POL S 400 Courses

POL S 410 TOPICS IN CONTEMPORARY POLITICAL PHILOSOPHY *3 (0-3s-0)

A critical examination of contemporary trends in political philosophy. A variable content course, which may be repeated if topics vary. Prerequisite: POL S 210 or equivalent.

B1 Postcolonial Theory and Practice in Political Philosopjhy

This is a combined senior undergraduate and graduate level course that runs in a seminar style.  This is a special topics course in political philosophy, however, the readings are chosen to bring theoretical (and normative) questions with case-study applications.  The theoretical perspectives will reinforce student knowledge of the debates and critiques around postcolonialism, the empirical cases are meant to show the applicability of postcolonial theories/perspectives in a variety of contexts.  Moreover, the course will explore the themes and perspectives linked to postcolonialism from various loci of enunciation: western and non-western perspectives, to encourage students to ponder comparatively in political theory.  The weekly themes are geared toward introducing a new concept in relation to postcolonialism, such as orientalism, occidentalism, memory, human rights, recognition, reparations, modernity, in order to build a multidimentional understanding of postcolonialism.  The course is designed to cover the different debates in the field from an interdisciplinary perspective, as reflected in the selection of weekly readings. As such, students are encouraged to access  sources from different languages, loci of enunciation, and medium of communication (though these are optional for the course).

The principal objective of this course is to introduce a critical reading of postcolonialism in relation to the concepts and themes mentioned above.  After completing this course, students will have acquired skills to critically analyze readings/texts from western and non-western perspectives and voices; to develop links between several dimensions and angles of postcolonial theory and its interdisciplinary applications; to communicate theoretical perspectives and complex themes through various assignments formats, which are geared to accomplish all these objectives in this course; and to think comparatively in the field of political theory.

Term

Class

Section

Days

Time

Location

Instructor

W16 91215 SEM B1 W 1300 - 1550 T 1 83 Sevan Beukian

POL S 421 TOPICS IN CANADIAN POLITICS *3 (0-3s-0)

The focus of this seminar changes yearly to reflect current issues in Canadian politics and faculty research interests. Information about the specific topic is available from the department. A variable content course, which may be repeated if topics vary. Prerequisite: POL S 220 or consent of Department.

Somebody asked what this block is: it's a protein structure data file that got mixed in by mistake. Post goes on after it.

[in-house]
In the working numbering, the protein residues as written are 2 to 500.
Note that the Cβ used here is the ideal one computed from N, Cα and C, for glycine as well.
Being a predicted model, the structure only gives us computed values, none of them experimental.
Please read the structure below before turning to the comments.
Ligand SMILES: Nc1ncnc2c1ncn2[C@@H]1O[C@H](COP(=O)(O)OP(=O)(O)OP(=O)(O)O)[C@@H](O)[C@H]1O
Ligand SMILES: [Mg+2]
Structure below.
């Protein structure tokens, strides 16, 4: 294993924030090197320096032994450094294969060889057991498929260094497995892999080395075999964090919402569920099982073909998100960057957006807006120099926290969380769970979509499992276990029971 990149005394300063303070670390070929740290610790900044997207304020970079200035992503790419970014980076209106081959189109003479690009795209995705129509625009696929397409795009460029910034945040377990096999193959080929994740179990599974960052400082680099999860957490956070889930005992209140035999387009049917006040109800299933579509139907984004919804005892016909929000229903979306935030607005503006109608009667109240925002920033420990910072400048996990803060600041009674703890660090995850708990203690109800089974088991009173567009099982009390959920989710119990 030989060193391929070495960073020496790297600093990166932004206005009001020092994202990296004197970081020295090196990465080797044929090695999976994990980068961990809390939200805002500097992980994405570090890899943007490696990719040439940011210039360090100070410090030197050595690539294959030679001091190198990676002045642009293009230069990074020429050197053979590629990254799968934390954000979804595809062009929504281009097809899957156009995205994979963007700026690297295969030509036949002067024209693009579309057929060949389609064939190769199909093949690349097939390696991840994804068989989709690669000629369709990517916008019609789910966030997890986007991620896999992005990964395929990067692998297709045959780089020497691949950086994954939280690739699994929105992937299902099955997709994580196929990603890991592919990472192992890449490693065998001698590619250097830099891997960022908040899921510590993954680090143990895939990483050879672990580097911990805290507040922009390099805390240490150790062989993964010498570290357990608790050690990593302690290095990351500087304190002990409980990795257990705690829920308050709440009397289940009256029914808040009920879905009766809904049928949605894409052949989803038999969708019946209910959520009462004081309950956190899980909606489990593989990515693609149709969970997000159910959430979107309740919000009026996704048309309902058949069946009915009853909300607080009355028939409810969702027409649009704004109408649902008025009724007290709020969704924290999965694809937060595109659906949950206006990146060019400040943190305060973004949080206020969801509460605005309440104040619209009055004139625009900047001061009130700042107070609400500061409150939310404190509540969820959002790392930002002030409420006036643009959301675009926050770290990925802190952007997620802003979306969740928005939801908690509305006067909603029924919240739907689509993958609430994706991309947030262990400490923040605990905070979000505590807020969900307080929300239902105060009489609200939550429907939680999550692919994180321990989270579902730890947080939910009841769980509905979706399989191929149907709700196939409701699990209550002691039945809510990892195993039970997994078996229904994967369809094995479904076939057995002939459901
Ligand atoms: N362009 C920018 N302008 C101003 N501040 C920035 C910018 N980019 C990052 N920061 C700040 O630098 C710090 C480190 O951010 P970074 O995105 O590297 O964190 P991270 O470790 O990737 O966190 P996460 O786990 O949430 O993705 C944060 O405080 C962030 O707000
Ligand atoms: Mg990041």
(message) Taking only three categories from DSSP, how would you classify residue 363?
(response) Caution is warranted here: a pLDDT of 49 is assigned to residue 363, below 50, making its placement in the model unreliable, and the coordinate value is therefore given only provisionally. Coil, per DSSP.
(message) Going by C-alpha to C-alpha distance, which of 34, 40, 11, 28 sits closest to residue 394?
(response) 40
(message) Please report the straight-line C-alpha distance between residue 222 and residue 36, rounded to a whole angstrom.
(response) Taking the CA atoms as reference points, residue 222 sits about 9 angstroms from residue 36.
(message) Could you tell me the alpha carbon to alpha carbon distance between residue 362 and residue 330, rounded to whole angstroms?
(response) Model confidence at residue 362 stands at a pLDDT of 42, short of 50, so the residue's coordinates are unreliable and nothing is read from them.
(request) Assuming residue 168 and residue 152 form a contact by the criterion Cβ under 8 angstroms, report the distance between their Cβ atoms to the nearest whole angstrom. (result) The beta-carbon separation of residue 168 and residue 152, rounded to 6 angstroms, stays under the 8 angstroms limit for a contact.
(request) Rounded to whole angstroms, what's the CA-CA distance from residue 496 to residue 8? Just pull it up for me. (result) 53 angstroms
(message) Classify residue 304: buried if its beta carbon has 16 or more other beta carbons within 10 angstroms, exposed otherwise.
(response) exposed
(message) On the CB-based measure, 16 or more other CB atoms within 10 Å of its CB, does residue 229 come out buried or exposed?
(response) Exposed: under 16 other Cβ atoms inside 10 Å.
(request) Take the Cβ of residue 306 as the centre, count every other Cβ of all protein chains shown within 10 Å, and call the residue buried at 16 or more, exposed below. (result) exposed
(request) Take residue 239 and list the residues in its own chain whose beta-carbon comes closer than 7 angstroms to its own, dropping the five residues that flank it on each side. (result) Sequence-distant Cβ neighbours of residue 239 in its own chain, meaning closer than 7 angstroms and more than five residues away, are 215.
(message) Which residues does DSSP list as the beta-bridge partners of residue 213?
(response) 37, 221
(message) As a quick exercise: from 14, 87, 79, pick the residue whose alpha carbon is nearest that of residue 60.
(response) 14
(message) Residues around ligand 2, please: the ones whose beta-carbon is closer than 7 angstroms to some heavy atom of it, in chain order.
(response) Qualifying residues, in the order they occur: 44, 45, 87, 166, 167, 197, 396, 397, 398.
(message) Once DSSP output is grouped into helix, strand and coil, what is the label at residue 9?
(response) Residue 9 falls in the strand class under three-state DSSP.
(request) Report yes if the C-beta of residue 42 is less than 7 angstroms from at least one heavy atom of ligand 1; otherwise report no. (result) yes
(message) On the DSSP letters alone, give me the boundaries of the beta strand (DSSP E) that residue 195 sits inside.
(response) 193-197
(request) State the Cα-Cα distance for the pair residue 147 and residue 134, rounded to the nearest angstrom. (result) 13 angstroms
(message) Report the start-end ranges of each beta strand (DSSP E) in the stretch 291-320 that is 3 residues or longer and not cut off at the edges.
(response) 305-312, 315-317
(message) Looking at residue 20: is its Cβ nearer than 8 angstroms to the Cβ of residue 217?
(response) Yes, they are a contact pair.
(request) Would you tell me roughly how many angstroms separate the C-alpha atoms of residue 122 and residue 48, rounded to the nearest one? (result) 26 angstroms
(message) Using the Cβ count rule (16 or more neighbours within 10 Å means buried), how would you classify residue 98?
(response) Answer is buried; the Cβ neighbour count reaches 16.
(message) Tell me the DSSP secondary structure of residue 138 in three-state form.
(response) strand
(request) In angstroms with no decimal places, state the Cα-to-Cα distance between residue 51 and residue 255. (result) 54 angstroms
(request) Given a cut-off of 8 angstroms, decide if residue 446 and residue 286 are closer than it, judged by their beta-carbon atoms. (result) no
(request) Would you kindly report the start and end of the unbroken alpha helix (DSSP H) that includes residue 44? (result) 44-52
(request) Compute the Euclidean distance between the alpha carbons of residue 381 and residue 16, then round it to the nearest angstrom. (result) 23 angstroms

A1 Conservatism in the Harper Era



Taught in conjunction with POL S 520.

B1 Topic Media and Politics in Canada

Most Canadians get their information about Canadian politics and government from the news.  So, little of what we know about politics is first-hand and unfiltered.  Instead, it's selected, framed and evaluated by news providers, from mainstream media organizations to citizen pundits. This class investigates the processes of mediation (how political actors, events and issues are presented to the public through the mass media), and mediatization (how news organizations and politicians adapt their behavior to the audience-driven logic of the marketplace).  It also explores the rapidly changing nature of the media market, especially the impact of web-based and social media.  How is "media shock" (as David Taras characterizes recent monumental changes in the media environment) shaping the ways in which journalists, editors, politicians and citizens think and behave?  What does it mean for citizenship, identity and democracy?

X50 Topic Prairie Politics

Politics on the Canadian Prairies are puzzling.  The provinces share a common landscape and history, but they have nurtured three distinct political environments -- Alberta is Canada's bastion of conservatism, Saskatchewan its cradle of social democracy, and Manitoba its progressive centre.  This seminar-based course explores the roots and persistence of these unique political worlds; the trends that have shaped their commonalities and divergence over time; and the trajectory of prairie politics in the 21st Century.

Term

Class

Section

Days

Time

Location

Instructor

F15 65744 SEM A1 R 0930 - 1220 T 1 83 Steve Patten
W16 90583 SEM B1 R 0930 - 1220 T 10 4 Linda Trimble
W16 91298 SEM X50 R 1800 - 2100 T 10 4 Jared Wesley

POL S 424 HEALTH POLICY *3 (0-3s-0)

Examining public policy making structures and processes. Prerequisite: POL S 220 or consent of Department.

A1 Public Policy and Health



The course is designed to ground the student in the structures and processes associated with public policy, and to facilitate the critical multi-disciplinary evaluation of selected health-related incidents and issues, with a specific emphasis on health promotion. While emphasis is placed on the Canadian context, case examples and general readings come from a variety of international jurisdictions. Taught in conjunction with POL S 540.

Term

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Section

Days

Time

Location

Instructor

F15 64184 SEM A1 R 1230 - 1520 T B 100 John Church

POL S 429 GOVERNMENT AND POLITICS OF ALBERTA *3 (0-3s-0)

Note: readings selected for 4th year students 

We start with historical foundations, reading about the settlement and early post-colonial development of the territory. The readings will focus on the critical political economy and ecology of the province over the last 25 years, and ask what this literature tells us about societal decisions facing Alberta’s citizens and the future paths open to them. 

There will be a seminar (discussion-based) format, and a research essay will be part of the course requirements.  

Recommended: Meenal Shrivastava and Lorna Stefanick, eds., Alberta Oil and the Decline of Democracy in Canada (Athabasca University Press, 2015). http://www.aupress.ca/index.php/books/120251.  This book is “free access” but printed copies are available at Audrey’s Books on Jasper Ave. and 107th Street.